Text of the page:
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Thursday, March 17, 2016


Steve Cole ponders thoughts on surgical recovery after he had a kidney removed and Jean had her female operation:

1. When you are told that you are going to have surgery, you need to start planning for your recovery. I don't mean just mentally thinking about the day you go back to work, but the logistics of the time period during which you are stuck at home, hurting, resting, and trying to get better. The most important thing you can do is to start years before you need surgery to create a healthy body that exercises, is not overweight, and eats healthy food. The stronger you go into surgery, the faster you come out of it.

2. Unlike television where someone walks into a hospital with vague symptoms and has major surgery between the second and third commercials, in the real world your surgery may well be scheduled as much as a month away. If you have to travel (I had to go 400 miles from home) that will take extra planning, including how you're going to get home. Something nobody knows until you're told you need surgery is that a cardiologist and a lung doctor have to certify that you're allowed to have surgery. Most deaths during non-emergency surgery are from heart attacks, strokes, or breathing problems. That means several extra doctor appointments. In my case, I had to have my other kidney scanned before they would remove the bad one.

3. One big thing you need to keep in mind is that while you are recovering, you are going to be dependent on a lot of help from family and friends. You need to ask for as little help as you can get by with because after a couple of weeks of waiting on your every need, your family and friends are going to get tired of being your body servant. More people to share the load, and simplifying your needs and requirements, will help a lot. In my case, I stocked the freeze with microwave meals I can eat, reducing the amount of time Leanna had to spend preparing or fetching me food. There was no way I could cook for myself but I could manage to take something out of a box, put it in the microwave, and push a button or two. (We moved a chair to be beside the microwave so I could sit down and wait for it to finish.)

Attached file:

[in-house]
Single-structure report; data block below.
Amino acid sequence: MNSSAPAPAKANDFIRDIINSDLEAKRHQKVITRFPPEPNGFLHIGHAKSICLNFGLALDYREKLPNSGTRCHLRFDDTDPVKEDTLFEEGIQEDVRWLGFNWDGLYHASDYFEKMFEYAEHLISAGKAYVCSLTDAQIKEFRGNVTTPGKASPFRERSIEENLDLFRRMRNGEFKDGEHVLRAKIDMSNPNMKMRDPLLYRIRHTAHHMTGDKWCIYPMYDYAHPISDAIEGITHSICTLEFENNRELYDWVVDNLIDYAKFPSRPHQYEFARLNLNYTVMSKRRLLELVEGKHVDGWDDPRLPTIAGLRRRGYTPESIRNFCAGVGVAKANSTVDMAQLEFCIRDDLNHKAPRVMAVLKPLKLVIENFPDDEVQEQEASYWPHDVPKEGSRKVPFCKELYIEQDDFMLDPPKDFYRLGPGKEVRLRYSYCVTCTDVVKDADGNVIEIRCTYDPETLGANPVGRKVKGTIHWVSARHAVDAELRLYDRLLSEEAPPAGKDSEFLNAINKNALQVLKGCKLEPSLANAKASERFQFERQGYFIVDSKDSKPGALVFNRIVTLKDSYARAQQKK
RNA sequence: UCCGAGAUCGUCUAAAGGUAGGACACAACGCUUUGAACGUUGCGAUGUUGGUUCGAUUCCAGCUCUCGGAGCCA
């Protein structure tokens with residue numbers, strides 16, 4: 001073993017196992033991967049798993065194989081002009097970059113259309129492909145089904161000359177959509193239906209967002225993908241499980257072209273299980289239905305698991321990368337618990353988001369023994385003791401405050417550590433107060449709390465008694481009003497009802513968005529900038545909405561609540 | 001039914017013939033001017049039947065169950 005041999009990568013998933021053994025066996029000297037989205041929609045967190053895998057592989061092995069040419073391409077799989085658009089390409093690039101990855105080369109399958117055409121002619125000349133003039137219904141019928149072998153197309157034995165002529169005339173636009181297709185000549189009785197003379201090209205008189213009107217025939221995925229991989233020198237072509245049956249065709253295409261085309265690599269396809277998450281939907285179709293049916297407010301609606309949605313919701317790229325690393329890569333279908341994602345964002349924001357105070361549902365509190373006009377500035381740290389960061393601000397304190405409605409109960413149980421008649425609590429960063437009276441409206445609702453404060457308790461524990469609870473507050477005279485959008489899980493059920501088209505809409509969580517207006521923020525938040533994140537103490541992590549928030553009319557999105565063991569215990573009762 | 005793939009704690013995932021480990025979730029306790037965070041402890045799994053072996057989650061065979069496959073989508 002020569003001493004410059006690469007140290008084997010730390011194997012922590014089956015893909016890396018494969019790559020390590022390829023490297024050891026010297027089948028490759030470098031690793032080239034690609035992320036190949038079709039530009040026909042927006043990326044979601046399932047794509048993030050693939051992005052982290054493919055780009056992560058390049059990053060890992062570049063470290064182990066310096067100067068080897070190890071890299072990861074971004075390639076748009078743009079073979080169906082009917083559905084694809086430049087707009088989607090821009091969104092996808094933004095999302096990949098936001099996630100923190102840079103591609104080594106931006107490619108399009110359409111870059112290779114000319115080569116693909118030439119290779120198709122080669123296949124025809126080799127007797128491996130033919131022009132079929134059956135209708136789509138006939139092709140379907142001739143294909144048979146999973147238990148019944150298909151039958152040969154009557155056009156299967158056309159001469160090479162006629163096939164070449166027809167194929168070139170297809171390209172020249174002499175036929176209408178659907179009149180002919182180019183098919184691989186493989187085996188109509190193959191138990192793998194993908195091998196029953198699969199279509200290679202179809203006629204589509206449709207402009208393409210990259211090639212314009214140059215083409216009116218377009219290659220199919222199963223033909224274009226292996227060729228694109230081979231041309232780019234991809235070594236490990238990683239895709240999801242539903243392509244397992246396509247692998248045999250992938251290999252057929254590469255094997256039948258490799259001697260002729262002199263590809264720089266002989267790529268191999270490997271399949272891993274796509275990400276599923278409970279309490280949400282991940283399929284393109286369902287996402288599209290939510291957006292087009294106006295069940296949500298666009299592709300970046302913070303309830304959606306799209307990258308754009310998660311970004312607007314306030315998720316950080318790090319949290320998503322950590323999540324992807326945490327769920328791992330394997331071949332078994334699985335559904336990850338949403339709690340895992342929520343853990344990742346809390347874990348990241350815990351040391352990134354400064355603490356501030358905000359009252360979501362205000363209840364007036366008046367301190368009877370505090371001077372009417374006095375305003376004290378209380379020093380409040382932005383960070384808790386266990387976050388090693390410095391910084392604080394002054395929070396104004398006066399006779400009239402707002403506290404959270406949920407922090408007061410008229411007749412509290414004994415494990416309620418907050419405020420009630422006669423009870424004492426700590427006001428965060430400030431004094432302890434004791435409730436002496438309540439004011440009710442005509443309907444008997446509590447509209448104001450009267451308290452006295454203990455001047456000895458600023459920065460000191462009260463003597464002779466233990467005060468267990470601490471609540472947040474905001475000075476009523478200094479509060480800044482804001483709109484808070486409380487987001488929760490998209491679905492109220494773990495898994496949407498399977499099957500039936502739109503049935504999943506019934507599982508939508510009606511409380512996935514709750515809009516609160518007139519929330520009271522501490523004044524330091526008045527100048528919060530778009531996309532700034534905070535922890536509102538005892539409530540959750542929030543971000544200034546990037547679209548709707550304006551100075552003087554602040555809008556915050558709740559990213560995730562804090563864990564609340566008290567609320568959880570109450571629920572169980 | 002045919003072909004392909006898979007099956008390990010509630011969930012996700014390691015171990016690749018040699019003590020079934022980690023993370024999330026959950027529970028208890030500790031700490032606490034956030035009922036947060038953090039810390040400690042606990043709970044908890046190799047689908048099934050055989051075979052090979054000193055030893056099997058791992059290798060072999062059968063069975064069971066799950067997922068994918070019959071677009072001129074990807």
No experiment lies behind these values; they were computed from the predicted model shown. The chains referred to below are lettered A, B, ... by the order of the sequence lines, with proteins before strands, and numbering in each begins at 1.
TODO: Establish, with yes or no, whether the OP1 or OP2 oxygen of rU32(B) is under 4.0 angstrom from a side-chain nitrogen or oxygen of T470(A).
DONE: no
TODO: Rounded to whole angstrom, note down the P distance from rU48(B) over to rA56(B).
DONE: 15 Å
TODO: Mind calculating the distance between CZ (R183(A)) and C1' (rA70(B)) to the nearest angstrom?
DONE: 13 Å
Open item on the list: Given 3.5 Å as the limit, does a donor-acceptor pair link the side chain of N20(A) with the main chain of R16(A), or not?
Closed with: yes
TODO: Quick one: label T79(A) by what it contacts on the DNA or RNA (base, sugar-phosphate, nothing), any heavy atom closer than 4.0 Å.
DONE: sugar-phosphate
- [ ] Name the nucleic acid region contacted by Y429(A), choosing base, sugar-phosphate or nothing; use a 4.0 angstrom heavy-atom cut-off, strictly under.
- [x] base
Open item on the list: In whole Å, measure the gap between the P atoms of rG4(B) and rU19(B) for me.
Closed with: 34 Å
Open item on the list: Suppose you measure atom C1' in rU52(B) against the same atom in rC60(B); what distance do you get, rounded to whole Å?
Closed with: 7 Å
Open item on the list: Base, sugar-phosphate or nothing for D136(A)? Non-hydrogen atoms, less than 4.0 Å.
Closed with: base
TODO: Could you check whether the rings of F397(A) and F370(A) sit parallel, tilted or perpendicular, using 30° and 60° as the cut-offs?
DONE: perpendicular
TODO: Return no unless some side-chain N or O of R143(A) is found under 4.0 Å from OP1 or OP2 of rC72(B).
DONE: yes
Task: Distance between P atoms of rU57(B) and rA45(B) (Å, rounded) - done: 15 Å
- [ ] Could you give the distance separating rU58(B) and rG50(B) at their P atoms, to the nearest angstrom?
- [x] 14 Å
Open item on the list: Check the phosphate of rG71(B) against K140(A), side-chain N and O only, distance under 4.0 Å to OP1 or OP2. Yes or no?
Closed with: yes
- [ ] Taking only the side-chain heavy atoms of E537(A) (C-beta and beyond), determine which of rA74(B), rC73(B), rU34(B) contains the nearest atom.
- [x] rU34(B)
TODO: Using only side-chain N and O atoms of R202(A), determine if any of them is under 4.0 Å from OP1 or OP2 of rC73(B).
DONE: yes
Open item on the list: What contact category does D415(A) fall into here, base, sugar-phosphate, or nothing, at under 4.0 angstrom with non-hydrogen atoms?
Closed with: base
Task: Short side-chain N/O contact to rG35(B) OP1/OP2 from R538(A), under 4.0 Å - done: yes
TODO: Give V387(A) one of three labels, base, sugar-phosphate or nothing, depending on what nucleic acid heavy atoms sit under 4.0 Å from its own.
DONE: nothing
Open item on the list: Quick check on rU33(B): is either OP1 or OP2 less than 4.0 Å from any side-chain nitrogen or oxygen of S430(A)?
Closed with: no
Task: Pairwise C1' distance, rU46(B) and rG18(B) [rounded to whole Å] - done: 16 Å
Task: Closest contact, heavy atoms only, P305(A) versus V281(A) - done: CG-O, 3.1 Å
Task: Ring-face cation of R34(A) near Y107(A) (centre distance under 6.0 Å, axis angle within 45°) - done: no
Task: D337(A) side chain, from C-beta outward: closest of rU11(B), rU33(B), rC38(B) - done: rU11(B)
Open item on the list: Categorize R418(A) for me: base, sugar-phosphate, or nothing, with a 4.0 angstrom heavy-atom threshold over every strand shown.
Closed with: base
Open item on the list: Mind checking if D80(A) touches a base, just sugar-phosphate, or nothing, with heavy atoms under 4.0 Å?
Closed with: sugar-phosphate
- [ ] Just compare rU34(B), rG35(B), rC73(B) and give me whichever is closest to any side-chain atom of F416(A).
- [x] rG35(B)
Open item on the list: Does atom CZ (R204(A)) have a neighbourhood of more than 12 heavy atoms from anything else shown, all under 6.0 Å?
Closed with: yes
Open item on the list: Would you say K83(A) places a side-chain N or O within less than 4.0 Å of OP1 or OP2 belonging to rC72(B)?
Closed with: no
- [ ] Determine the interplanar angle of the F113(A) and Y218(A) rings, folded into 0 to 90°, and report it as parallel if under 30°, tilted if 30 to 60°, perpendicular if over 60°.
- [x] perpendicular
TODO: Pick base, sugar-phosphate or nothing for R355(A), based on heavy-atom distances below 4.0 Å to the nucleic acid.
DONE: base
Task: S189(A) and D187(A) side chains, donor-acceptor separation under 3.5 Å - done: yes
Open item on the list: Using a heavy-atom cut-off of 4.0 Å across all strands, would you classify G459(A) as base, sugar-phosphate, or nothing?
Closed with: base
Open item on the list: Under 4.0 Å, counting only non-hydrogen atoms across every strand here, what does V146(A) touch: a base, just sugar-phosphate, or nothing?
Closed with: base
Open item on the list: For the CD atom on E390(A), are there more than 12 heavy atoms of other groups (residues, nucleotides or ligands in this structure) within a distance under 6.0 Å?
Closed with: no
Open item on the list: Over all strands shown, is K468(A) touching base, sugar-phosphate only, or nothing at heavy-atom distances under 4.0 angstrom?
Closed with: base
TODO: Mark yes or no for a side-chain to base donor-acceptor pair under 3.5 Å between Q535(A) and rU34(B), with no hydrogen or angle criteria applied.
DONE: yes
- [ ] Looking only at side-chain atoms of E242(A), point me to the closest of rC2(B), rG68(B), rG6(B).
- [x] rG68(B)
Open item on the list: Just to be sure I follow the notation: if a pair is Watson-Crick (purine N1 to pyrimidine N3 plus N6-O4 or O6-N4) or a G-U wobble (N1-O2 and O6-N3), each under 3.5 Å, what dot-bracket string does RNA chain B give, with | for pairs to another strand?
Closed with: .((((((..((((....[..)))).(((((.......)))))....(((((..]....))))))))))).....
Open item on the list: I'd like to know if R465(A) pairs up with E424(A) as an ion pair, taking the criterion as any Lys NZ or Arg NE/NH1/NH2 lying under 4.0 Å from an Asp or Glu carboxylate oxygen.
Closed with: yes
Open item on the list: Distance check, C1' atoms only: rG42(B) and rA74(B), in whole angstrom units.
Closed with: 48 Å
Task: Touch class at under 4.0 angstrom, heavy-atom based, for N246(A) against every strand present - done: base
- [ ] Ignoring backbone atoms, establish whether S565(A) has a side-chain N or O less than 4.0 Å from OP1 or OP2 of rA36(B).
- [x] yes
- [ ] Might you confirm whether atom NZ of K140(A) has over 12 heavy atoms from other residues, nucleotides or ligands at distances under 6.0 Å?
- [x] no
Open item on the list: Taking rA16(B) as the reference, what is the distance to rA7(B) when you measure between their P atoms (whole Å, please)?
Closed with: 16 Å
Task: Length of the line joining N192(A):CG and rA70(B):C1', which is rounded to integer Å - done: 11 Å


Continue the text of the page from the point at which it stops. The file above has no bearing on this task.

4. Modern hospitals are very different from just a decade ago. You can order room service meals from a menu rather than just eating whatever cold food somebody puts in front of you. The trick is to get people to explain the system to you while you're awake enough to grasp it. I never got to watch TV because the only time I was shown how it worked was when I was groggy. I was shown a place on the bulletin board that said how many grams of carbohydrates I could have but nobody said if that was per meal or per day or during my entire stay. (I just ordered what I wanted.) When my food arrived, I was not allowed to eat it until my blood sugar had been tested (by which time my food was cold). Take your own blood sugar meter and check it for yourself and then start eating. They can just get over it. I found out that I had a yellow gown because I was a fall risk but when I proved I could walk (expect them to force you to walk pretty quickly after your surgery) I was promoted to a blue one.

5. You will be given post-surgical instructions when you leave the hospital. Read them, ask questions, make sure you understand them, then review them with your family and with your primary physician. In my case, the cancer in my kidney was why my blood pressure was so high and once that was gone it dropped to dangerously low levels.

6. Avoid reading a lot of stuff on internet but stay with one or two sites that your doctor tells you are good ones. Being informed is good. Being scared to death about things that might happen is not good.

7. You will be bored during recovery as you spend the time you would have been at work waiting for the day you can get back to work. I planned a rotating series of activities, including banked episodes of TV shows, books to read, and the entire Admiral Jingles library (on YouTube) from World of Tanks and World of Warships. I also discovered some YouTube series of astronomy and alternate history stuff. I had never heard of Last Week Tonight or of Ted Talks.
8. Rearrange the house so that you have at least two places to be (bed and a recliner for example) which have access to a telephone and television, as well as a place to put food, drink, and reading materials. I ended up having my cell phone hung around my neck on a string so that I'd always have a way to call for help.

9. Planning for an extended period away from work is tedious but necessary. Get major projects finished before you go in. Teach someone to handle your routine tasks that have to be done every day. Be prepared to have the time away from work suddenly get much longer. Jean and I both got horrible colds which cost me two weeks in bed and almost killed Jean (literally) and did cause permanent damage. The worst part of recovery is just how "wearing" it is to feel bad for a few weeks. You get mentally worn out, and become convinced you will never get better, and if you don't shake that feeling, you never will feel better.
10. It is apparently common for surgical patients to tear a muscle while under pain medicines (perhaps catching themselves before a fall, trying to pick up something too heavy, or reaching for something too far away and too hard to move). Jean and I both had this happen, and it caused a lot of discomfort during recovery. (In my case, the torn muscle was right in front of my heart, and the severe pain made the hospital think I was having a heart attack. They were very good about this, however, and used an X-ray and EKG to determine that my heart was just fine.) Watch what you're doing and follow the post-surgical instructions to avoid injuring yourself.